When it comes to contracts, it`s important to understand the different types of security that can be involved. One such type is a pledge, where security is in the form of bailment.
A pledge is essentially a contract where one party (the pledgee) agrees to hold onto something of value (the pledge) in exchange for a loan or other obligation from the other party (the pledger). This could be cash, securities, or any other type of valuable asset.
The security in a pledge comes in the form of bailment, which means that the pledgee has physical possession of the pledged asset. This gives the pledgee the right to sell or liquidate the asset if the pledger fails to fulfill their obligation under the contract.
There are several reasons why a pledger might choose to use a pledge as security. For one, it can be an effective way to secure a loan without having to provide a more traditional form of collateral, such as real estate or equipment.
In addition, a pledge can provide a level of security that is more flexible than other types of collateral. For example, if a pledger has a portfolio of stocks and bonds, they might be hesitant to put them up as collateral for a loan because they don`t want to risk losing those assets in the event of a default. By using a pledge, they can still maintain ownership of their portfolio while using it as security for the loan.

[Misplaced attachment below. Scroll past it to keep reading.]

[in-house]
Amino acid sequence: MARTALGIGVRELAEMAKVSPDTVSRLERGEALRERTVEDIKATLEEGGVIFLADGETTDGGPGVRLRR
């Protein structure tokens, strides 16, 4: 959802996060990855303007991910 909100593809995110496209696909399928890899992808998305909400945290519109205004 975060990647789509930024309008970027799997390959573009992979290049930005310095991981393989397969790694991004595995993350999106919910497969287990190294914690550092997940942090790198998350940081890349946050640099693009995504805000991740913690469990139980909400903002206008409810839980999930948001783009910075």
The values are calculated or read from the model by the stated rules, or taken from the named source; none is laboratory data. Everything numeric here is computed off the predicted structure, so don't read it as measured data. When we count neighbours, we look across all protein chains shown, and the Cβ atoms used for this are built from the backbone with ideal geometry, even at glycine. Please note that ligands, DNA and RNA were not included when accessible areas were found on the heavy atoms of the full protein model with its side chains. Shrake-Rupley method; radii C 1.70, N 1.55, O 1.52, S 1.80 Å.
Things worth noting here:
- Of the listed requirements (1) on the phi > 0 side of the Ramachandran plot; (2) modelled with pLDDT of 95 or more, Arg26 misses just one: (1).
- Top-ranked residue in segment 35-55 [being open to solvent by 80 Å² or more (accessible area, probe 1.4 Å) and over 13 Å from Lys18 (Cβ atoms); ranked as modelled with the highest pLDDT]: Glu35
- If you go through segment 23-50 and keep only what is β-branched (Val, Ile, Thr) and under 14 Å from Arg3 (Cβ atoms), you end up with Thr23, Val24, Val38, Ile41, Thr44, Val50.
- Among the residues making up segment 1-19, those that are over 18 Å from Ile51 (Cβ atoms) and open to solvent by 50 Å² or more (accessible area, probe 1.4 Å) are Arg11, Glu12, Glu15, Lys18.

Of course, there are risks involved in using a pledge as security. If the value of the pledged asset declines, the pledgee may demand additional collateral or even liquidate the asset to cover the loan. And if the pledger defaults on the loan, they may lose the asset altogether.
Overall, however, pledges can be a useful tool for securing loans or fulfilling other obligations. By understanding the role that bailment plays in a pledge contract, parties can make informed decisions about when and how to use this type of security.